JOURNAL ARTICLE

Safety of pulmonary angiography in the 1990s

D A Zuckerman, K M Sterling, R F Oser
Journal of Vascular and Interventional Radiology: JVIR 1996, 7 (2): 199-205
9007798

PURPOSE: To examine the safety of pulmonary angiography with low-osmolar contrast material and modern angiographic techniques and to analyze periprocedural complications with respect to potential predictors.

PATIENTS AND METHODS: A retrospective review was conducted of data from 547 consecutive patients who underwent pulmonary angiography. Minor and major complications were analyzed by using several clinical parameters.

RESULTS: There were five major (0.9%) and 26 minor complications (4.8%). Eleven of the 26 minor complications were contrast-induced nephrotoxicity. There were no periprocedural deaths. Patients with complications had an increased incidence of coexistent pulmonary morbidities and were of a poorer physical status according to the American Society of Anesthesiology criteria. Moderate to severe pulmonary hypertension was correlated with major complications. Age, volume of contrast material used, and presence of pulmonary embolism were not correlated with complications.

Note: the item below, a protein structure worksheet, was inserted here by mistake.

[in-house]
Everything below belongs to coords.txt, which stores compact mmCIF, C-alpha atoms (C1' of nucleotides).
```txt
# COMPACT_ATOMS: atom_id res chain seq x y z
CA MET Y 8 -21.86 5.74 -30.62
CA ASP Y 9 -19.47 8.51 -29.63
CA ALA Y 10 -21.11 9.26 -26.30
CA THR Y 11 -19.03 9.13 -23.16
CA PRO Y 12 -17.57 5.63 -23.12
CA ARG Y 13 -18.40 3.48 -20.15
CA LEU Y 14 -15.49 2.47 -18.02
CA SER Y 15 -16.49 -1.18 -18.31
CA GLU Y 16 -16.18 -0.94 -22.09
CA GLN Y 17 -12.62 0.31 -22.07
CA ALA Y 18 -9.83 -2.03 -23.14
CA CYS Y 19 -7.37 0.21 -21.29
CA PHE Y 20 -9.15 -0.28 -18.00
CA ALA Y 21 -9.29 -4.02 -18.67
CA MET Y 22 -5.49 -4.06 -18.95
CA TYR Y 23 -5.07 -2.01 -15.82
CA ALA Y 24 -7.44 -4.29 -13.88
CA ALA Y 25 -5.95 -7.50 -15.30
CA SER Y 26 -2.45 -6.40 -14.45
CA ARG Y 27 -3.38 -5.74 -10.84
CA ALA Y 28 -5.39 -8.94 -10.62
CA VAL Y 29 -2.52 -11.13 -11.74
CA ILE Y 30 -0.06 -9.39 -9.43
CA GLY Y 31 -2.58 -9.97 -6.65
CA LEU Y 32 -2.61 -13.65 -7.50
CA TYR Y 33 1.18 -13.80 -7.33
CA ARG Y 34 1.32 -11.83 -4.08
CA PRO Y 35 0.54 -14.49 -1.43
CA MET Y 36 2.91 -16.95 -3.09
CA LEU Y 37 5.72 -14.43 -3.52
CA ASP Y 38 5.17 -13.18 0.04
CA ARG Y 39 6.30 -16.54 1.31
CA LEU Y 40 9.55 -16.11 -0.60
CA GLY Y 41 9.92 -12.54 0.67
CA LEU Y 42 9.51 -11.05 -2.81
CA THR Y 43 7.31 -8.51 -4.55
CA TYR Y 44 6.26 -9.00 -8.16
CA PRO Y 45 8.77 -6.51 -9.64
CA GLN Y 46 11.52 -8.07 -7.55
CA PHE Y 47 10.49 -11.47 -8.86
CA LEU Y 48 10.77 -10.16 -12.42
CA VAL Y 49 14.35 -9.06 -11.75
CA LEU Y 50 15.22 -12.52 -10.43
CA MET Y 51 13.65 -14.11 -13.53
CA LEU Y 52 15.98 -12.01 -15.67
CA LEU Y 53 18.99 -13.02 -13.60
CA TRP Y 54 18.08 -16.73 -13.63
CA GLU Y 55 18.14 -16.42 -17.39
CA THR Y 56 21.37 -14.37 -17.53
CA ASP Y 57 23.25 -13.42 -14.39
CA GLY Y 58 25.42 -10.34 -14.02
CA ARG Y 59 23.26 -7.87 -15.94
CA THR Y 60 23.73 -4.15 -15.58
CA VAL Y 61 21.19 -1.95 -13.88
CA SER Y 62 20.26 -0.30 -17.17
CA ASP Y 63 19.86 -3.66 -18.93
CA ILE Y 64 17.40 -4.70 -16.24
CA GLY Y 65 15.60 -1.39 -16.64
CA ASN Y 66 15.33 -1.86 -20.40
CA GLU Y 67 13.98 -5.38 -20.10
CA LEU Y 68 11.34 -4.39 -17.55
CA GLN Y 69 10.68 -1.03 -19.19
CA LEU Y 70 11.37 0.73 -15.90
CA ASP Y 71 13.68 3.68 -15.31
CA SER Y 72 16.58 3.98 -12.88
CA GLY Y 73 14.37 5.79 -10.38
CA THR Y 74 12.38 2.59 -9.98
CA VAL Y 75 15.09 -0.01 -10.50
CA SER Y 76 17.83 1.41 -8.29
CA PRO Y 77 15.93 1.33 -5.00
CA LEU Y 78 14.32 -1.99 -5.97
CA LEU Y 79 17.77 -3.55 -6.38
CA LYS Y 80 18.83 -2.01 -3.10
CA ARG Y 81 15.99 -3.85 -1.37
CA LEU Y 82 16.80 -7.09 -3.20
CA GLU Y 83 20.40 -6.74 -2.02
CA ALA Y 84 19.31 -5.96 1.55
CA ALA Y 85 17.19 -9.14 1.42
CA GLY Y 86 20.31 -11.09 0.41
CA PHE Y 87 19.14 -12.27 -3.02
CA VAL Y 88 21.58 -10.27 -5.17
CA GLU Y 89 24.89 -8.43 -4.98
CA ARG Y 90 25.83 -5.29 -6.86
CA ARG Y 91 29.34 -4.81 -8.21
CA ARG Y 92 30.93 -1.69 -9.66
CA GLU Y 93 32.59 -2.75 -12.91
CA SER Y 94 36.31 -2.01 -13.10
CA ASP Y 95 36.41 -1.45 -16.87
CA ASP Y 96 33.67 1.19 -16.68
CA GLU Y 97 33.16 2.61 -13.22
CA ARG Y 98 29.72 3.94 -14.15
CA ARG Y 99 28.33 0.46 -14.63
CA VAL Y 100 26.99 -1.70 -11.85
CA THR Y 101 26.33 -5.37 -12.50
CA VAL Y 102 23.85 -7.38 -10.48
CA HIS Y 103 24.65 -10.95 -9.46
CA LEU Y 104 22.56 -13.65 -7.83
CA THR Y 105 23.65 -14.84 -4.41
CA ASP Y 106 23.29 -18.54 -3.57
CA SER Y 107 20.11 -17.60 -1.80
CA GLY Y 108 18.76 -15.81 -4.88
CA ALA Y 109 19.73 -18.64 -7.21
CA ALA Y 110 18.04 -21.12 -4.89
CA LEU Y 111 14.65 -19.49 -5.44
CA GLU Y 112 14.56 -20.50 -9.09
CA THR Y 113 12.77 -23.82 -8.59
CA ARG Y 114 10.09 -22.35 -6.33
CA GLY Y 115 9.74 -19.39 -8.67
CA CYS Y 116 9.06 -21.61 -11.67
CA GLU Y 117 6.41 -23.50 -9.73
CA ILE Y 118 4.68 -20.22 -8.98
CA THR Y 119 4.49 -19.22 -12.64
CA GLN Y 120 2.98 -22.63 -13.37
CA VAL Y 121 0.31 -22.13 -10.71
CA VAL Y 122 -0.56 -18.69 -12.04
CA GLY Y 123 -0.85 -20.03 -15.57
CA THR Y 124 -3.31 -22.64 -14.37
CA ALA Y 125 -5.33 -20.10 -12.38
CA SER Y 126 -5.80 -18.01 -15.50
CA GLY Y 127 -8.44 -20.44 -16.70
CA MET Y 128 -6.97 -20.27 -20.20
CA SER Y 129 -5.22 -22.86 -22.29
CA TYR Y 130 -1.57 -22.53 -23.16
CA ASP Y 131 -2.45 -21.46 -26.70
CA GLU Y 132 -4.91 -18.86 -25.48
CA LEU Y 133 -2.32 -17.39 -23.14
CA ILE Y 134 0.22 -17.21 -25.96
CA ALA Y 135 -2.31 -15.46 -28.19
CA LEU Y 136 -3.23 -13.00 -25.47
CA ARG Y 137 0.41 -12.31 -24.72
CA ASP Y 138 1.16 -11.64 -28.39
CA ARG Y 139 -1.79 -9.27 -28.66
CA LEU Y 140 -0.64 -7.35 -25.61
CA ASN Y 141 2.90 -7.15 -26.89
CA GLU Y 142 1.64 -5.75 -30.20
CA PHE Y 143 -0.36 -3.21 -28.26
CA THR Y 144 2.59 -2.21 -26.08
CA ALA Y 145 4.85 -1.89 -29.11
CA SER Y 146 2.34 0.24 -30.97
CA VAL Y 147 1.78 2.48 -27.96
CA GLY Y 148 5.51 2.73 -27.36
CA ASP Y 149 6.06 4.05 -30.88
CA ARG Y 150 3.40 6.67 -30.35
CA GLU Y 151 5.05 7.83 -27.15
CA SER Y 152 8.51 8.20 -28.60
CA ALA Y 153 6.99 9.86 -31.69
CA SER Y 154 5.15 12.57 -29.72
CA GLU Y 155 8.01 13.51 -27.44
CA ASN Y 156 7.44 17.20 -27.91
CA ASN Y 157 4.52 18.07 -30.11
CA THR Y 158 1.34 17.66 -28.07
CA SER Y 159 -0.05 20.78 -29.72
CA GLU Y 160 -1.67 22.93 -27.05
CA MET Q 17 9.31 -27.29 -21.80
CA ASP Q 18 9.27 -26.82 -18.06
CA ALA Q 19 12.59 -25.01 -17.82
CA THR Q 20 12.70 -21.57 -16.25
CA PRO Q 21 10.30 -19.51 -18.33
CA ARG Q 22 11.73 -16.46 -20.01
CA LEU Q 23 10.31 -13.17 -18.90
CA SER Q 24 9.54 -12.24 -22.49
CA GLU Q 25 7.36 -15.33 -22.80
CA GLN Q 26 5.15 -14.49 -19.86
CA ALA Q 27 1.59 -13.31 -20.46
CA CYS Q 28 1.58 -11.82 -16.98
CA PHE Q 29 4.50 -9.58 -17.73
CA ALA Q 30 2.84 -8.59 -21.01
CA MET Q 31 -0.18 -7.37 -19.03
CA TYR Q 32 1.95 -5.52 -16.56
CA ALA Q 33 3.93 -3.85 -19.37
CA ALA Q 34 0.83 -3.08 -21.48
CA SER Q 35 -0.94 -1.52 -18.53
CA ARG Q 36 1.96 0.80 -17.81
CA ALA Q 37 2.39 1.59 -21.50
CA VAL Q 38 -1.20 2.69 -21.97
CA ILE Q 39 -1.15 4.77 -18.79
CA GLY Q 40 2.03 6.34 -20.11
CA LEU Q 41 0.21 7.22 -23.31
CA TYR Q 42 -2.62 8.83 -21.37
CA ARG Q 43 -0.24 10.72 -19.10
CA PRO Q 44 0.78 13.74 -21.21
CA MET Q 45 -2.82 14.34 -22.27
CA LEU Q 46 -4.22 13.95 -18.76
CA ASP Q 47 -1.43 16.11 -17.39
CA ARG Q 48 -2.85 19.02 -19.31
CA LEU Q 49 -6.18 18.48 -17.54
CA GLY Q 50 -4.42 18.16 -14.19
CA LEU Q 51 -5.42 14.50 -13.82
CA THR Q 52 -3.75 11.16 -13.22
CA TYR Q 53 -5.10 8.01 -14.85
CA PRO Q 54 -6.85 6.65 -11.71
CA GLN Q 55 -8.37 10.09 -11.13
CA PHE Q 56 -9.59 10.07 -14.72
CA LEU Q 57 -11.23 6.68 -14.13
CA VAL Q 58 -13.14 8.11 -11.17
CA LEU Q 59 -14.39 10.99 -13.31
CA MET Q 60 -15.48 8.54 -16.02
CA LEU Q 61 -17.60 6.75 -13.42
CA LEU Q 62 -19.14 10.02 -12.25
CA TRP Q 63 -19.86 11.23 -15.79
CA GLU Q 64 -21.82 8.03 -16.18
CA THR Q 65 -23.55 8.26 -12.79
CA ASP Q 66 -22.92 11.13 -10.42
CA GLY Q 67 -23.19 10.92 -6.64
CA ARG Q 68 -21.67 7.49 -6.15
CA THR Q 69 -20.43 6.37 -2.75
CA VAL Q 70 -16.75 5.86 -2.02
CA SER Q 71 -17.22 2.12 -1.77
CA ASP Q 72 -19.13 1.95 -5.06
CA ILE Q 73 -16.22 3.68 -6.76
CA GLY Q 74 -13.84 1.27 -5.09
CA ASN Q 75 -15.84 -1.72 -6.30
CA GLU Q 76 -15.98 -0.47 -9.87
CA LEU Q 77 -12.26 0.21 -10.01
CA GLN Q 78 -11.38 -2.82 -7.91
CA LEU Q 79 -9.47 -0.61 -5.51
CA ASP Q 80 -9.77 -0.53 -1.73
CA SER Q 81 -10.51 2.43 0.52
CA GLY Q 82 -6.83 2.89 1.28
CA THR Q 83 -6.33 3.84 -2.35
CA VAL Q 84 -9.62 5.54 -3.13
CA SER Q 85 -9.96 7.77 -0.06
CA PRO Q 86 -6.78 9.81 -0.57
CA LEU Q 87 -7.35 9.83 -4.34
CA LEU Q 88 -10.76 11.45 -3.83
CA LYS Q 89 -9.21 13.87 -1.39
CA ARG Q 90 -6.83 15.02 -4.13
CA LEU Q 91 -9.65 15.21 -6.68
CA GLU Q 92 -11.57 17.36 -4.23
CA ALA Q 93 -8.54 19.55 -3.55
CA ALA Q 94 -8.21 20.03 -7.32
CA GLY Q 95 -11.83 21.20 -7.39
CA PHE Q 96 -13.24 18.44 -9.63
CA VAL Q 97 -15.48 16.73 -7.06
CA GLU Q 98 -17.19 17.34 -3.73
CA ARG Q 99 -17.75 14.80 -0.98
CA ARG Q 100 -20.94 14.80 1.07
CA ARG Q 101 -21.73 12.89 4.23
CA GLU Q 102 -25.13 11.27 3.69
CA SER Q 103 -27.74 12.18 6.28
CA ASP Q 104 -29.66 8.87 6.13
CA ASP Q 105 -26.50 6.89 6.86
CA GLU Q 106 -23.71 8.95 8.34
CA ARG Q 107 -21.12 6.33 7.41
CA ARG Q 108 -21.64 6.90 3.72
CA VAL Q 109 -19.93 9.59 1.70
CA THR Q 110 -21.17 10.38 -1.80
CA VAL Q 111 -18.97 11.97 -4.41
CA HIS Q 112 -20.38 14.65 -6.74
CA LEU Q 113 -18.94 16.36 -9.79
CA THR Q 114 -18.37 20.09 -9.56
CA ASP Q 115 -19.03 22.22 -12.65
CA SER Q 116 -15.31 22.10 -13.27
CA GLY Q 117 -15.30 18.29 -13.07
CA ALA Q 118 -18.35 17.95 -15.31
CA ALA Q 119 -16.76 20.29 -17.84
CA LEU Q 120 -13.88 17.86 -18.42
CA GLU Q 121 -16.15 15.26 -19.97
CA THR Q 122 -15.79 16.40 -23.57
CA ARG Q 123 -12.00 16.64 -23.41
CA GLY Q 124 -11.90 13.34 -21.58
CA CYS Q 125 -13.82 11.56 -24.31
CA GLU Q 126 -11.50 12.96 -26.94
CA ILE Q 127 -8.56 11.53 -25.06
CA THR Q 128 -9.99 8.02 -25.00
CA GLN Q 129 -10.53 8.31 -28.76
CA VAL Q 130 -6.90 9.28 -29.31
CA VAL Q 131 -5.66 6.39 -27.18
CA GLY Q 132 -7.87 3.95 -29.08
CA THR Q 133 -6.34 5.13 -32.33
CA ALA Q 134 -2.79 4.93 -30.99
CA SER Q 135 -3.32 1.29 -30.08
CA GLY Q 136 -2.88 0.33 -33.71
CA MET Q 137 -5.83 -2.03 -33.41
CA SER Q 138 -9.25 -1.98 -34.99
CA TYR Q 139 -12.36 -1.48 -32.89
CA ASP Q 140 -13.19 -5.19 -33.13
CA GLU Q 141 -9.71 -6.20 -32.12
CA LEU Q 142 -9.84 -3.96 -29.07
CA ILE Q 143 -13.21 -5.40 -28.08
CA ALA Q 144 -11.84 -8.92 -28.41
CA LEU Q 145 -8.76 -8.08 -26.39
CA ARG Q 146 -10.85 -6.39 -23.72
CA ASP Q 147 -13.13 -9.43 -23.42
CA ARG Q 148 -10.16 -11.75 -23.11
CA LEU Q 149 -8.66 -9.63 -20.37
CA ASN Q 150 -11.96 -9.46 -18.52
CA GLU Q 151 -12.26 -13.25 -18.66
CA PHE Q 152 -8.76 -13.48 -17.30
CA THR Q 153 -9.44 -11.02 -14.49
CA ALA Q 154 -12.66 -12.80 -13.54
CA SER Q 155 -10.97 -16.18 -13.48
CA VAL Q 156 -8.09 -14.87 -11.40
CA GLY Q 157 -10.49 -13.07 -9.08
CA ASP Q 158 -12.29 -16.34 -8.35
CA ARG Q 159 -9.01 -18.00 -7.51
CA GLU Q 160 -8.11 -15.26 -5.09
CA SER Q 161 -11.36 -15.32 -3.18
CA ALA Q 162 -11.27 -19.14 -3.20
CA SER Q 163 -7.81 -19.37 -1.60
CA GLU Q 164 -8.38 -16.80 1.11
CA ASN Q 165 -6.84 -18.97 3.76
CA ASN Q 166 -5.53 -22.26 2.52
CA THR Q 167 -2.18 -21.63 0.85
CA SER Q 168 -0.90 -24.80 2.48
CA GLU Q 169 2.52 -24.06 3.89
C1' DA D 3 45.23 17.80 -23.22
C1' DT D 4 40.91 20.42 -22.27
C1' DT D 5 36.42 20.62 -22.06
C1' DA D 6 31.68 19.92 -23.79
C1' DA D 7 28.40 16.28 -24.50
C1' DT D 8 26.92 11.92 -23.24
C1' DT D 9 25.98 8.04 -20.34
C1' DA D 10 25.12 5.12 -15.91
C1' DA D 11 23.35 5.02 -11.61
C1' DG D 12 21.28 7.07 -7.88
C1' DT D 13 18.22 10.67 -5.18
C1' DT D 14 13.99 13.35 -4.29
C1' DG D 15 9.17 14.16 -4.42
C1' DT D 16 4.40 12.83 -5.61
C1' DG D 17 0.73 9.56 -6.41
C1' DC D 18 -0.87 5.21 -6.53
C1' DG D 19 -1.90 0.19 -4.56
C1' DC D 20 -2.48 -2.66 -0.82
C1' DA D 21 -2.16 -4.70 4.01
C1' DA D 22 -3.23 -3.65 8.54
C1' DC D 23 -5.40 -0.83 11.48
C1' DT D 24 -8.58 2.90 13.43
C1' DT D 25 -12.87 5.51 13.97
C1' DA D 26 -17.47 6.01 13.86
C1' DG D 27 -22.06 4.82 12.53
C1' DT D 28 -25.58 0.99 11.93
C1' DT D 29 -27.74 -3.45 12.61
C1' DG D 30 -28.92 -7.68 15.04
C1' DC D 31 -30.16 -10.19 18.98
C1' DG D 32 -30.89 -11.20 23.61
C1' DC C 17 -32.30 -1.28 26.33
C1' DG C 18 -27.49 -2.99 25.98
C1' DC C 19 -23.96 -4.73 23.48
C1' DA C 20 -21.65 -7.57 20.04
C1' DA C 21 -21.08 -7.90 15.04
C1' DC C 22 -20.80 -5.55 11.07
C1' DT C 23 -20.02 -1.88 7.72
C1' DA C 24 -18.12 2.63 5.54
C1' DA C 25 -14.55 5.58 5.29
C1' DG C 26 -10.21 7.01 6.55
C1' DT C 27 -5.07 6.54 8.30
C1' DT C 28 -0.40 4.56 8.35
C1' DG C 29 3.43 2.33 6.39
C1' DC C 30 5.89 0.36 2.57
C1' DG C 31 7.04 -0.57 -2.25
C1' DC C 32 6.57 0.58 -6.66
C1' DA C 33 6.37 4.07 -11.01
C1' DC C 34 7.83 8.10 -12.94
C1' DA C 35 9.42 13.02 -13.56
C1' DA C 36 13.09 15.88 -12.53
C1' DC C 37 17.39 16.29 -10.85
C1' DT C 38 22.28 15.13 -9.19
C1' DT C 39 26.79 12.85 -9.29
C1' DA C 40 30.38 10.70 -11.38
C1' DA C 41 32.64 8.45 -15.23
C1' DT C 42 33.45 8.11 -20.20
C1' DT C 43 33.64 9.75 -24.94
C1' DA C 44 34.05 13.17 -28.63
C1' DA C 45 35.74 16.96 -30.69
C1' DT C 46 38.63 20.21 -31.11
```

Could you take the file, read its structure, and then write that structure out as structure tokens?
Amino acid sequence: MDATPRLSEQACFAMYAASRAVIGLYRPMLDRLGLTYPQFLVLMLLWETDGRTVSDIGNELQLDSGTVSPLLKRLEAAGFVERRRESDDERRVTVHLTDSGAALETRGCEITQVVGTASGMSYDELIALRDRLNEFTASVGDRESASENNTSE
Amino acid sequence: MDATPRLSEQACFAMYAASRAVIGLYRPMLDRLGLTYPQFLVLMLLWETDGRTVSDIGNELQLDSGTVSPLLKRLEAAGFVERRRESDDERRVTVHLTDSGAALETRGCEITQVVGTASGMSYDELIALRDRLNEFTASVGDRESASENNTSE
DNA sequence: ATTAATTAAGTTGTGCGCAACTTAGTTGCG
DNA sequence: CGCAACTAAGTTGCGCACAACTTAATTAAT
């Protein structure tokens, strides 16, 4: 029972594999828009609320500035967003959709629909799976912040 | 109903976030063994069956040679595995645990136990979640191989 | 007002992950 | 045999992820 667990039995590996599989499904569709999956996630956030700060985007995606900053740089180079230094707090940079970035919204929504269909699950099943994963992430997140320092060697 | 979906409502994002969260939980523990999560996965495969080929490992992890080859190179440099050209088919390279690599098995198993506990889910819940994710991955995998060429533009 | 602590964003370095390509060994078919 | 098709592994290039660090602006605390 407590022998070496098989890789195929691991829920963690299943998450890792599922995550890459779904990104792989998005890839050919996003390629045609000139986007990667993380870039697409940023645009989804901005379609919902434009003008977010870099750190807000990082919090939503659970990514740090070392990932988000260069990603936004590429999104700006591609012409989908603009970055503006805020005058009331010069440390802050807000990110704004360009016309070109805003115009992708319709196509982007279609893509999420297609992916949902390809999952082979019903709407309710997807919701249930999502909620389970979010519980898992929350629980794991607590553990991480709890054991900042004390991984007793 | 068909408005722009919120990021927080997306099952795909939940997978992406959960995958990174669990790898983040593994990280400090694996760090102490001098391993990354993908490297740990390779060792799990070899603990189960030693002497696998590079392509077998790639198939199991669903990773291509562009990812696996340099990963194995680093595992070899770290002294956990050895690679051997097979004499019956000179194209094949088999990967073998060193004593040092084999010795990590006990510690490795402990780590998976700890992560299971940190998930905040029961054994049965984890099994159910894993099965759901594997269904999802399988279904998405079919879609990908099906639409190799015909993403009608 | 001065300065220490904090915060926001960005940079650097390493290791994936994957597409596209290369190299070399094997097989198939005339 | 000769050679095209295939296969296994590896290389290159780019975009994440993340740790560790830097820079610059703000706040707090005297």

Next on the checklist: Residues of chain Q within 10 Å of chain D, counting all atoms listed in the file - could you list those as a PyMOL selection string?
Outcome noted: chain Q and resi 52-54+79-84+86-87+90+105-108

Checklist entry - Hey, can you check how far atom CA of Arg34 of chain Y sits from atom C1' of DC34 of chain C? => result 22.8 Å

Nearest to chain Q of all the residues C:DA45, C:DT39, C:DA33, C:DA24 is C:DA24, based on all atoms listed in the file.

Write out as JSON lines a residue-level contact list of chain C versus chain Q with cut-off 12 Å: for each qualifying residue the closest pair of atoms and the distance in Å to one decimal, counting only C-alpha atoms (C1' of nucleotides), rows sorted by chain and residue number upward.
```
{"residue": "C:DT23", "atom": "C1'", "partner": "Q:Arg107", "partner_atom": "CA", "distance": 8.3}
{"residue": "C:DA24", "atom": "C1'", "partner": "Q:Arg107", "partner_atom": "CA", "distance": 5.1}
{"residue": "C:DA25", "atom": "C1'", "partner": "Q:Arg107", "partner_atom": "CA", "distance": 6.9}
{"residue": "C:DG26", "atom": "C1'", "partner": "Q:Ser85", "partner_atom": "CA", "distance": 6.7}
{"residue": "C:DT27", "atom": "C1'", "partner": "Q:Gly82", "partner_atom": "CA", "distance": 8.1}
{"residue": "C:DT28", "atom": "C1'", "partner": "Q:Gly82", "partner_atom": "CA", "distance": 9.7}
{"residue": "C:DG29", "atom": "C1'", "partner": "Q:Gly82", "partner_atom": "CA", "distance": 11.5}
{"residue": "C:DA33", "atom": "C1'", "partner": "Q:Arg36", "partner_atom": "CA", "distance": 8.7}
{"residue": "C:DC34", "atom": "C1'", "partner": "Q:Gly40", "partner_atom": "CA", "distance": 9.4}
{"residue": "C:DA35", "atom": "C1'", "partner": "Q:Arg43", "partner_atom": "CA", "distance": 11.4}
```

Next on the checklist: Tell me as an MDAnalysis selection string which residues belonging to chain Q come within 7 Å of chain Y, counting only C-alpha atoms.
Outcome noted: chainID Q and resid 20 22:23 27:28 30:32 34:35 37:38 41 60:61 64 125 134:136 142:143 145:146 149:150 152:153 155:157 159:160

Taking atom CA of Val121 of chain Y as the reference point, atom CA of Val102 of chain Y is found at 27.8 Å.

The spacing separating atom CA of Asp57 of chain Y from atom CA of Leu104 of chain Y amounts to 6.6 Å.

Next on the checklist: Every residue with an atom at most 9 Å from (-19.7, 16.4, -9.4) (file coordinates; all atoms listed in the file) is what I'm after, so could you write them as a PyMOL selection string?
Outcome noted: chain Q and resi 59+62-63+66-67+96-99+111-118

CONCLUSION: Pulmonary angiography is a safe procedure with an acceptable complication rate. These findings should be considered in the selection of an imaging method for the diagnosis of pulmonary embolism.

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